Do Something Wild
Do Something "Wild"
Provide a Home for Wildlife
With a flash of brilliant plumage a pheasant explodes from its fencerow
thicket. The raucous sound of the ring-neck cock silences the music of songbirds
in the nearby windbreak. The mallard in the pond glides her downy yellow brood
to shelter among the cattails.
Anyone who has seen or can imagine these things knows something about the
value of wildlife on farms and ranches. There is no need to miss such sights and
sounds since they are easy to create. Simply match what the land is producing to
the needs of wildlife, and wildlife will respond.
You can have wildlife on your land and have a better farm or ranch because of
it. Every farm and ranch is a complex community of living things. In this
community are the plants and animals that convert nutrients, moisture, and
sunshine into food and fiber for our support and into trees, shrubs, grasses and
forbs for the support of wild creatures. It is a successful community only if
the living elements are working in harmony for the benefit of the community as a
In Montana, wildlife belongs to all the people but habitat that wild
creatures is mostly in private ownership. What a farmer or rancher does with his
or her land can have a tremendous impact on wildlife. Numerous species of upland
and wetland wildlife are found on farms and ranches used mainly for cultivated
crop, livestock, or wood production. Here, farmers and ranchers are the key to
wildlife abundance. Farms, farmers, and farm programs influence the existence of
wildlife because wild animals react quickly to agricultural management
practices, good or bad.
Of course, if farmers or ranchers are to make a go of their business, their
first priority must be crop and livestock production. Sometimes wildlife must,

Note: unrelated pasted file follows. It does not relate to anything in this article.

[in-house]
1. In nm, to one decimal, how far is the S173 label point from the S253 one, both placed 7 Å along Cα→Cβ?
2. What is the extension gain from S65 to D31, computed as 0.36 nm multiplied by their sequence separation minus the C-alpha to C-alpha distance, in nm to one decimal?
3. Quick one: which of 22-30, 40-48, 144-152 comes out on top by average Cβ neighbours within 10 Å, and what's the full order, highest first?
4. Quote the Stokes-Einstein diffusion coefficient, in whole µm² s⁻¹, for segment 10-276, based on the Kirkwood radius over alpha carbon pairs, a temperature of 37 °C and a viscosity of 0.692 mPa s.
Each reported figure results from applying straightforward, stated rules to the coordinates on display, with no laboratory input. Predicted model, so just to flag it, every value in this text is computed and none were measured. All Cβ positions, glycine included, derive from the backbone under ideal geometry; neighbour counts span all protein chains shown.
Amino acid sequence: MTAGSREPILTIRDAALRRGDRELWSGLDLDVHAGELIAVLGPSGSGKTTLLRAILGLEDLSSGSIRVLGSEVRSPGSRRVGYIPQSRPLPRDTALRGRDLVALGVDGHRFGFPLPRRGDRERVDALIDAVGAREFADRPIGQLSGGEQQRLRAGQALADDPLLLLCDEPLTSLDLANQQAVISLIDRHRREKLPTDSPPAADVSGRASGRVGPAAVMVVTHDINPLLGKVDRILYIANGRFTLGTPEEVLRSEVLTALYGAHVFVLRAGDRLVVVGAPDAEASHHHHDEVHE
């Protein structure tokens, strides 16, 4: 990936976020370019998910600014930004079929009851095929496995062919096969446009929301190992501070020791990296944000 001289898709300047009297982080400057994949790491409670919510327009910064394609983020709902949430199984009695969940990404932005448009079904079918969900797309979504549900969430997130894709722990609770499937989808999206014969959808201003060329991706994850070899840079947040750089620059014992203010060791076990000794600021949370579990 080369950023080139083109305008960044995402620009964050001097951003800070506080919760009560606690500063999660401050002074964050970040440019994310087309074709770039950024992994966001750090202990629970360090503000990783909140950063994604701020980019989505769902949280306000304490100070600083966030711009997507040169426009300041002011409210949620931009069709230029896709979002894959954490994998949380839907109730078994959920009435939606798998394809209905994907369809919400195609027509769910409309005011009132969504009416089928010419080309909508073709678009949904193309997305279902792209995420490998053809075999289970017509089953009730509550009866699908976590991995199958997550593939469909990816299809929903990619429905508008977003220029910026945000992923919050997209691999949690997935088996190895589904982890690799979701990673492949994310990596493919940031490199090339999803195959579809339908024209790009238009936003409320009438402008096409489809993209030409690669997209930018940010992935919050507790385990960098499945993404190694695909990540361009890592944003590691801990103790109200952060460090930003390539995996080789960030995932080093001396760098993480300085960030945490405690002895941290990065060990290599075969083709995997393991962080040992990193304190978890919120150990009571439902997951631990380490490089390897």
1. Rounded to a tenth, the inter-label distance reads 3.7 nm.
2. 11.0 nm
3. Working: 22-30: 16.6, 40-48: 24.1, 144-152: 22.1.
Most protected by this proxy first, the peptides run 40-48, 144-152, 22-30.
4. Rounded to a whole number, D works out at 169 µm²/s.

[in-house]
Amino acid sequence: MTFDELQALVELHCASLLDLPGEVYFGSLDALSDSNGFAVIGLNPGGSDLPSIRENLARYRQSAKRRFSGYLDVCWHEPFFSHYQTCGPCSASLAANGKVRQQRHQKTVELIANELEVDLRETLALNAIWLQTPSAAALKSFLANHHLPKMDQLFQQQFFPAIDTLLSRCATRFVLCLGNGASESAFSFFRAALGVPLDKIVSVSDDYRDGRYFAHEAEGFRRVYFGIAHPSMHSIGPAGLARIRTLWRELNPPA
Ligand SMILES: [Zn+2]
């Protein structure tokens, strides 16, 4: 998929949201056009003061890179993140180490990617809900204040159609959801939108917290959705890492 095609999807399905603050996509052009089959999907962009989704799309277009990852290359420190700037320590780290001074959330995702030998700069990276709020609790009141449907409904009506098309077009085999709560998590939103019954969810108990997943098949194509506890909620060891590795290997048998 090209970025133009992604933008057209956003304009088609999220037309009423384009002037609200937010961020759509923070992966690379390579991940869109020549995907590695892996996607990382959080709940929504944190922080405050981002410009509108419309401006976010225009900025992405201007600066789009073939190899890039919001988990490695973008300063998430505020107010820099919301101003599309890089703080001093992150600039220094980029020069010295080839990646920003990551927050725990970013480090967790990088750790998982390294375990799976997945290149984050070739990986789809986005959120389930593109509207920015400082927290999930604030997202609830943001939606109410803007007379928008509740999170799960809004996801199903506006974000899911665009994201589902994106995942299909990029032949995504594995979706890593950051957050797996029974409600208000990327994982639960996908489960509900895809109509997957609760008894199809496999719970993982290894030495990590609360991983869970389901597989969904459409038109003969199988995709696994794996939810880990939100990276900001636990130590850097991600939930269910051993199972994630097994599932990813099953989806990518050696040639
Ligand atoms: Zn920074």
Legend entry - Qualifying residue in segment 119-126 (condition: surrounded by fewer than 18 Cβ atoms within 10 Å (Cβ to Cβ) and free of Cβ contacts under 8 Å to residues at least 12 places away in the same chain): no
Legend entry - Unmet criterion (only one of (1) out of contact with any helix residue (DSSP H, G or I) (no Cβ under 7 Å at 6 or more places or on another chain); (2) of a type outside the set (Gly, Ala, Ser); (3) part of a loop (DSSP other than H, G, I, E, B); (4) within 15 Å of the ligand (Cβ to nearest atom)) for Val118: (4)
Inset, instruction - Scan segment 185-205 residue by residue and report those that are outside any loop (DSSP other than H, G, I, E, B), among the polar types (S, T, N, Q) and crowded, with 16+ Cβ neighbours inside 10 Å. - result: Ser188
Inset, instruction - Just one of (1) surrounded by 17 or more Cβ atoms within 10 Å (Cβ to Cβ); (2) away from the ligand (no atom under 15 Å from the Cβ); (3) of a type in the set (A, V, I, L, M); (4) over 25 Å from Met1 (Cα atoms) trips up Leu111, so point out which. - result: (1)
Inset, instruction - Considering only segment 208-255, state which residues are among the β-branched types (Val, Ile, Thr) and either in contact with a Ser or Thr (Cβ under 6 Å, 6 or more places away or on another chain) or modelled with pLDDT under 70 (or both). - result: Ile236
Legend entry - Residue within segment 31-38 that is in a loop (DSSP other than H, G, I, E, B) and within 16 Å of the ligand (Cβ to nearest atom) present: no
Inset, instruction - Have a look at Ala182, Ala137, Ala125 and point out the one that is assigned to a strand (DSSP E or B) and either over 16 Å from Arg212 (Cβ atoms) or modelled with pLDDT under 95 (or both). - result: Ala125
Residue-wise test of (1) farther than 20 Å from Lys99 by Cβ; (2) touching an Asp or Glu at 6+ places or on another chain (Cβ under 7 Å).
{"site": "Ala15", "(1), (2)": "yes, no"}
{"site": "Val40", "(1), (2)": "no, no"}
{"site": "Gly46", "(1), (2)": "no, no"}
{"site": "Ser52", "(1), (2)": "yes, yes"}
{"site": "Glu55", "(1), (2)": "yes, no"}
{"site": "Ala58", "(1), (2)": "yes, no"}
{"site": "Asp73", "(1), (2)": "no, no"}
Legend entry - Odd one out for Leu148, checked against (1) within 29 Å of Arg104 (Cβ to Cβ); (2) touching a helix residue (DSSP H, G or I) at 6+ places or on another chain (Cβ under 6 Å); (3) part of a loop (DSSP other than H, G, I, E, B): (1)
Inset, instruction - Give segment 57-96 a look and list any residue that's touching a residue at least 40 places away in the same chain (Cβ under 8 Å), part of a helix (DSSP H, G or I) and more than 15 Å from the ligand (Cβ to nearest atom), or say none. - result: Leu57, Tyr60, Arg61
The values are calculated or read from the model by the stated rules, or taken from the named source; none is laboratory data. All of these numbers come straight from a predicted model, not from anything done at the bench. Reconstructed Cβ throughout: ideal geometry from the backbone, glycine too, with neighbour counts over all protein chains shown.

by necessity, represent a secondary land use.
But often, with little or no cost, a landowner can easily adjust the farming
or ranching operation to encourage production of wildlife—from pheasants, doves,
partridge and prairie grouse, to songbirds and waterfowl, to amphibians,
reptiles, and big game. On most agricultural lands wildlife is a secondary crop
from which the landowner doesn’t expect or receive an income. The beauty,
though, provided by patches of shrubs, trees, and grassland scattered throughout
wheat or fallow does enhance the value and appeal of the land. The pleasures
derived from wild creatures inhabiting this diverse landscape is part of the
heritage of farm and ranch life.
There is another benefit of maintaining healthy, diverse wildlife habitat on
a farm or ranch. A complex wildlife community provides the landowner with a free
pest control service. Songbirds, bats, and many insects, for example, save
farmers, ranchers, and foresters billions of dollars each year by consuming
harmful insect pests. A single little brown bat eats about 1,200 mosquito-sized
insects per hour. And, the pollination service provided by bats, insects, and
hummingbirds is critical to healthy agricultural operations.
If you encounter any problems with the file provided on this
page, please contact Technical Resources at 406-587-6822.
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Something "Wild" (PDF; 895 KB)